2005 Poetry Competition

"Sing what is well made"

W.B. Yeats Society of N.Y. 2005 Poetry Competition

The W.B. Yeats Society of New York poetry competition is open to members and nonmembers of any age, from any locality. Poems in English up to 60 lines, not previously published, on any subject may be submitted. Each poem
(judged separately) typed on an 8½ x 11-inch sheet without author’s name; attach 3×5-inch card with name, address, telephone, e-mail. Entry fee is $8 for the first poem and $7 for each additional. Include self-addressed stamped envelope to receive a copy of the report, like this one. A list of winners is posted on our Web site around March 31. First prize $250, second prize $100. Winners and honorable mentions receive one-year memberships in the Society and are honored at a Society event. Authors retain rights, but grant us the right to publish/broadcast winning entries. These are the complete guidelines; no entry form is necessary.

The deadline for our 2013 competition is February 1st. Awards will be presented at an event in April. For information on our other programs, or on membership ($40 and $30 per year, full-time students $15), visit our website, or write us at the National Arts Club, 15 Gramercy Park South, New York NY 10003.


Read winning entries for 2004 and judge’s report

Read winning entries for 2003 and judge’s report

Read winning entries for 2002 and judge’s report

Read winning entries for 2001 and judge’s report

Read winning entries for 2000 and judge’s report

Read winning entries for 1999 and judge’s report

Read winning entries for 1998 and judge’s report

Read winning entries for 1995 and judge’s report


2005 contest report of the judge, Grace Schulman

Yeats’s great poem, Adam’s Curse, first appeared a century and a year ago, but its criteria for poetry are still new.
The poem opens on an intimate conversation:

I said, "A line will take us hours maybe;
Yet if it does not seem a moment’s thought,
Our stitching and unstiching has been naught."

The finest of the poems I read in the contest named for William Butler Yeats have that manner of skillful “stitching” that seems only “a moment’s thought”. Those poems are beautiful. They “labour to be beautiful”, in Yeats’s words, and hard-won accomplishment is seamless.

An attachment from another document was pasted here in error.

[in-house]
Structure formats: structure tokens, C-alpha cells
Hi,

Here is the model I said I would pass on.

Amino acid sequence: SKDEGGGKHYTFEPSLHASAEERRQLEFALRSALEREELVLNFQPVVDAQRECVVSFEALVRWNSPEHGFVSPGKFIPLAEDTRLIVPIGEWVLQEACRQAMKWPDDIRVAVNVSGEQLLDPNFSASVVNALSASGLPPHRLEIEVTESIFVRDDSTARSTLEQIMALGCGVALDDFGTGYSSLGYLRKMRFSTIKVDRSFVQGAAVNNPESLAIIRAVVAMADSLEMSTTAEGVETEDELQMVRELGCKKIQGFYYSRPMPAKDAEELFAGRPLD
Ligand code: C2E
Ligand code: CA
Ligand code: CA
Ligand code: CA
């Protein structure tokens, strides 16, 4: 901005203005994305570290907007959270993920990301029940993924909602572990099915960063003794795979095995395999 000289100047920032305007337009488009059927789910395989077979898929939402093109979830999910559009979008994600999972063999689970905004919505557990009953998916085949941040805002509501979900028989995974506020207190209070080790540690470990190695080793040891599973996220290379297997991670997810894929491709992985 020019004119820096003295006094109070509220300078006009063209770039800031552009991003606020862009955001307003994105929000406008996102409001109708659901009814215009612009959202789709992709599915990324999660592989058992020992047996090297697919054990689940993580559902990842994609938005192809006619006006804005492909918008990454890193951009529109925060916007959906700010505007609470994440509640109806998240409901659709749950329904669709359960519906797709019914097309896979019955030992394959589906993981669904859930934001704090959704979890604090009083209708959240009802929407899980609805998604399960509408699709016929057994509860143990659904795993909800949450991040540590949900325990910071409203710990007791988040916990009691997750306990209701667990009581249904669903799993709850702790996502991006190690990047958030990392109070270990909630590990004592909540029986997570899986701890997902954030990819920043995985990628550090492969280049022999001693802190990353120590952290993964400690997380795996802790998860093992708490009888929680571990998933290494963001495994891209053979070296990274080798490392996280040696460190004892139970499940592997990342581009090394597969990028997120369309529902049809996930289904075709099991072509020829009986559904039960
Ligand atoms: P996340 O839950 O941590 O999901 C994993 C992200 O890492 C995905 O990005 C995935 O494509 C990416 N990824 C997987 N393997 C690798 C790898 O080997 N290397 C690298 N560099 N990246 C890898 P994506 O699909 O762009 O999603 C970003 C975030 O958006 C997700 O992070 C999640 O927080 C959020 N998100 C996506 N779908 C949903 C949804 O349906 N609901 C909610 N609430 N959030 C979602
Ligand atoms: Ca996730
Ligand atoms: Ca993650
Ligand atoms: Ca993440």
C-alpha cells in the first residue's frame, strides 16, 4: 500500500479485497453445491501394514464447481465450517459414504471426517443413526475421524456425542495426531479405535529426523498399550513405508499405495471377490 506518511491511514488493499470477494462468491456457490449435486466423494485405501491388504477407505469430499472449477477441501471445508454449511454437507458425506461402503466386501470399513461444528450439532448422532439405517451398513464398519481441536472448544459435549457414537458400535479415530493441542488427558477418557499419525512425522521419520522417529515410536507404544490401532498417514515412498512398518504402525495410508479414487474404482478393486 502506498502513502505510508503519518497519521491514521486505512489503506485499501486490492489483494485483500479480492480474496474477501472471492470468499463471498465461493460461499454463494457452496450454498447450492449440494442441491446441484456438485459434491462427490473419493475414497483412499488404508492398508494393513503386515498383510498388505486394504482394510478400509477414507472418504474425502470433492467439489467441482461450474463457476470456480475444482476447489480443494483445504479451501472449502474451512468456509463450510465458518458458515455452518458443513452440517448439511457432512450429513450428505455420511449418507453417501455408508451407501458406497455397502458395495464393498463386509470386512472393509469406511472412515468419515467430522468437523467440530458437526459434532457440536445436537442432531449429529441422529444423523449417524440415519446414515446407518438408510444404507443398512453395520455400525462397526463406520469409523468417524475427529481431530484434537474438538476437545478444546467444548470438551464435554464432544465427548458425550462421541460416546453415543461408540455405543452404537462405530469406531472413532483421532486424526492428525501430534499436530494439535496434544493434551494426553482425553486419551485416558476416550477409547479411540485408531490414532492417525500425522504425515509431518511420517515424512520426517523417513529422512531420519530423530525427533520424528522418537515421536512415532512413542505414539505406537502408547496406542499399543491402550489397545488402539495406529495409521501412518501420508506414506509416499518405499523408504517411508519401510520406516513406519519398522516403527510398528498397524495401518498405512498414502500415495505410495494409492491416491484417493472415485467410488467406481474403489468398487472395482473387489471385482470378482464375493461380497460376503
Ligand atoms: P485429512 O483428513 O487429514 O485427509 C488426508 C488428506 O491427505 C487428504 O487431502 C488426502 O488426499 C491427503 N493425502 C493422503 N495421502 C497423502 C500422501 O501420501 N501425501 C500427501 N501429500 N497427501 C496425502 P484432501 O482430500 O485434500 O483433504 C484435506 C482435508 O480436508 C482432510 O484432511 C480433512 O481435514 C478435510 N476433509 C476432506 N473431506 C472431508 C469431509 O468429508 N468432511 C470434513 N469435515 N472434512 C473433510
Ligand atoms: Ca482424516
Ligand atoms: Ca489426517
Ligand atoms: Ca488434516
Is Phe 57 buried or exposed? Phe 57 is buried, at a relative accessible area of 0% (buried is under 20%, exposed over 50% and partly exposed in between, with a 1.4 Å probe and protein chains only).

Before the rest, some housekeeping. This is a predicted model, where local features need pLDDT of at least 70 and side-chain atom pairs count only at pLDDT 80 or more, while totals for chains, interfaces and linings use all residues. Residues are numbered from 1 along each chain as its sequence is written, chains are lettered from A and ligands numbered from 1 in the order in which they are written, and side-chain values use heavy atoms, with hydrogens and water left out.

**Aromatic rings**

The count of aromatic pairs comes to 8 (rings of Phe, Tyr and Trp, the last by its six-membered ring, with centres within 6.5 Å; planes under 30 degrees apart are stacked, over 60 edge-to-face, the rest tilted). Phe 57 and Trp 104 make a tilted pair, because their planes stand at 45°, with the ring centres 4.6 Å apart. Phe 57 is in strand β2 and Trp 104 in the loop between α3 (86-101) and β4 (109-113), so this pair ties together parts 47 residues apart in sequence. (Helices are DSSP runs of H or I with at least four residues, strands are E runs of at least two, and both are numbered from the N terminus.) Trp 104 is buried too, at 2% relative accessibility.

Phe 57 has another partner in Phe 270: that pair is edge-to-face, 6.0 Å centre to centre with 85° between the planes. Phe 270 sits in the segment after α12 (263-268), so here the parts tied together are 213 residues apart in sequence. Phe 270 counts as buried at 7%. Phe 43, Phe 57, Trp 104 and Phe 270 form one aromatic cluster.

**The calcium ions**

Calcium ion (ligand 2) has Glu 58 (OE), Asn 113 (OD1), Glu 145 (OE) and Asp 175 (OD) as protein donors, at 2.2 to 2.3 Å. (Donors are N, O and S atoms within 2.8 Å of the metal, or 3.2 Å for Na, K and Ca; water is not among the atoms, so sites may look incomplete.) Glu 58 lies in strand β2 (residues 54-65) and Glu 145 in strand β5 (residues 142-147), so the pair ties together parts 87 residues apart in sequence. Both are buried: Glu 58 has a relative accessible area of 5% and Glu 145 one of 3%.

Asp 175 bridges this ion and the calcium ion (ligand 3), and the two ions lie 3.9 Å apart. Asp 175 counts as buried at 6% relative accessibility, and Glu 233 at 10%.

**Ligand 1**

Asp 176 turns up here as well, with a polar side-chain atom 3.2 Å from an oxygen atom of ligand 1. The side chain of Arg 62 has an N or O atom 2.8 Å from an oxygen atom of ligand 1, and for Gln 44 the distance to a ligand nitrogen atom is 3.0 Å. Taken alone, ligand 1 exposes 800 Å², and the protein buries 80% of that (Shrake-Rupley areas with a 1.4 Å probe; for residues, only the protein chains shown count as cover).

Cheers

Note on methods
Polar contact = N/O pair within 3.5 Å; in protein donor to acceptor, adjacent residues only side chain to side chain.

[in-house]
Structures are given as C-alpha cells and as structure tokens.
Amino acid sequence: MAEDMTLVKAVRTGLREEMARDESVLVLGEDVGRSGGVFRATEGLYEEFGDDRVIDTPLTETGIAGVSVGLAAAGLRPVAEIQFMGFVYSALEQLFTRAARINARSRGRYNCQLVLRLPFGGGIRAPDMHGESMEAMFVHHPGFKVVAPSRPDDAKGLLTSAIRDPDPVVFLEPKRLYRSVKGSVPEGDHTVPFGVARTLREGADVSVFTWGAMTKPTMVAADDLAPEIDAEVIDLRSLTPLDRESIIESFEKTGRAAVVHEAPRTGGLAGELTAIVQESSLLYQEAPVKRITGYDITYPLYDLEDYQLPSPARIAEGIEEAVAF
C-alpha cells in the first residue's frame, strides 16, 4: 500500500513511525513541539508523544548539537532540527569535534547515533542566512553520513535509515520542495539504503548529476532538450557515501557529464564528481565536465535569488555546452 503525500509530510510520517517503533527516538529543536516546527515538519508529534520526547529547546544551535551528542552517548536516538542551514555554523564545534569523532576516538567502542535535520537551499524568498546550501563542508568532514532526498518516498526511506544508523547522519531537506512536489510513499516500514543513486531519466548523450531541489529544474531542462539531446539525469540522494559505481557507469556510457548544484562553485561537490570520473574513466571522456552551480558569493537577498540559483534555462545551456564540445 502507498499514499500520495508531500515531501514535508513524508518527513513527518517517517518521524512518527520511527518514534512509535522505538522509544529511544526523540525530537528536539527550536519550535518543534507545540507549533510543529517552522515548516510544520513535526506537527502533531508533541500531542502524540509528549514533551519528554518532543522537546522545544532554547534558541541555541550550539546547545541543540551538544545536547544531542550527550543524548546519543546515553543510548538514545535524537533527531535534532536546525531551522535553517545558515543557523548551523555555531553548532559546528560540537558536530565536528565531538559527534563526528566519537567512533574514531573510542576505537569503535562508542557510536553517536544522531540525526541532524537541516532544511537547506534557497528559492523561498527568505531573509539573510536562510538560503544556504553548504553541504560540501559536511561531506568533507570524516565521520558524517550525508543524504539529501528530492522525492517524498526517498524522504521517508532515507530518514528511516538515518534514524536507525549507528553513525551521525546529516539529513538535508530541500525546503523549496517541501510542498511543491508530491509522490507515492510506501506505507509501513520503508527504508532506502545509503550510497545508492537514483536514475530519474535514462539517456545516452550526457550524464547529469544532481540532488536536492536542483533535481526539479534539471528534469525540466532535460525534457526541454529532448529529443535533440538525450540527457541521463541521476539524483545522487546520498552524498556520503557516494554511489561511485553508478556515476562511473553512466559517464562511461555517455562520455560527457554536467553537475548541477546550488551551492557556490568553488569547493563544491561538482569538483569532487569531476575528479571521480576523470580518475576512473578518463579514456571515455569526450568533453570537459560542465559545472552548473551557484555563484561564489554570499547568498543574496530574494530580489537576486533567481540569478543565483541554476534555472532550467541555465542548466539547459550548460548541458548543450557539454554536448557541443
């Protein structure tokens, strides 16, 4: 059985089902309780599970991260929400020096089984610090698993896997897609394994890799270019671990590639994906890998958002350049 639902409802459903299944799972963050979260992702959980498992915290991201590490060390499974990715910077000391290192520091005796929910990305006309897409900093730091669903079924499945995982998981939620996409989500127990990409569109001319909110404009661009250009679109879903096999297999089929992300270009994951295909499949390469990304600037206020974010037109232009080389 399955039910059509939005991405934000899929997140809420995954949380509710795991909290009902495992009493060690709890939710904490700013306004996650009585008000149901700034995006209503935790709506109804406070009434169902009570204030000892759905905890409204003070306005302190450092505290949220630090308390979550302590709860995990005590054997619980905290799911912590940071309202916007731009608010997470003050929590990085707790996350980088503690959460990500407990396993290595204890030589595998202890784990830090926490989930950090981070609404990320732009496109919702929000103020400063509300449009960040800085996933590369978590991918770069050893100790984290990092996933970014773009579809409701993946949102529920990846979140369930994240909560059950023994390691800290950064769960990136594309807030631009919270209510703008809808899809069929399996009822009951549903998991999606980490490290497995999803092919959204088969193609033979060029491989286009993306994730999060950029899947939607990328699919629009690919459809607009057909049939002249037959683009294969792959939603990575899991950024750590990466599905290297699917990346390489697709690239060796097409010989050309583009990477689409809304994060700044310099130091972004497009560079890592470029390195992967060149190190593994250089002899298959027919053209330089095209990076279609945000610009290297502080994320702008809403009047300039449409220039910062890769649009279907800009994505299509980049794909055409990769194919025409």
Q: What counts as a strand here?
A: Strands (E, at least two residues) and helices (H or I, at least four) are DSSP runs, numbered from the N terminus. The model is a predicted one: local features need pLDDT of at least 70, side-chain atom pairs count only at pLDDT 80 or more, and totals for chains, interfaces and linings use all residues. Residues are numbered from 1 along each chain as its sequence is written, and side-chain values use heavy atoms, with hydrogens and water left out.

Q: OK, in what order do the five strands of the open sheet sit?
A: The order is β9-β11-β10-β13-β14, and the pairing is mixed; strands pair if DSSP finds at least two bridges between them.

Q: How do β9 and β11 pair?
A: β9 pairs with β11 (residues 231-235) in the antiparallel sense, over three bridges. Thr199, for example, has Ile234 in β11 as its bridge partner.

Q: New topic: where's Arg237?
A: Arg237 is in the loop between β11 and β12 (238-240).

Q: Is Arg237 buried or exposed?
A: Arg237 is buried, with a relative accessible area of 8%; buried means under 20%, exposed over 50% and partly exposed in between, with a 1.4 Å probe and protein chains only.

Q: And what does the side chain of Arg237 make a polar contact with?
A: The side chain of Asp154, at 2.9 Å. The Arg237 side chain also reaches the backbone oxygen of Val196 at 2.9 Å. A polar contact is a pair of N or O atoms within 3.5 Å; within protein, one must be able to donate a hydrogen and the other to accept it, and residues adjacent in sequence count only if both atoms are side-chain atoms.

Since the contest is properly anonymous, the winning poems are given here only by title. Like you, I’m eager to find out who the authors are. As I savored my top choices, I knew they were all winners in a real way. Still, I had to rank them, and after an intense inward struggle, came up with a tie for first prize, The Geography of Distance and Broken: Blue, both amazing for their unobtrusive skill. The first is set in a little town at dusk. I quote from the second stanza:

It starts when the clerk of the five-and-dime
sweeps the dust from the floors,
slips off her apron, flips the sign
in the window to closed, locks
the door behind her. Cars on the main street
fade away, the grocery store empties,
the lights of the houses go out, one-by-one –
Then, distance settles in like an unlit road
unspooling through years.

That deceptively casual opening suddenly deepens as the town becomes a metaphor for

the wilderness within:
those stretches of deserts, of flatlands
that inhabit the heart –
the miles pulled forth by longing.

Once again I’m struck by the seeming effortlessness, the ease, of the inward turning. The statement is large, and it is made with neither rhetoric nor sentimentality.

Broken: Blue is very different from The Geography of Distance in manner and form but it, too, has the unmistaken look of “a moment’s thought”. As The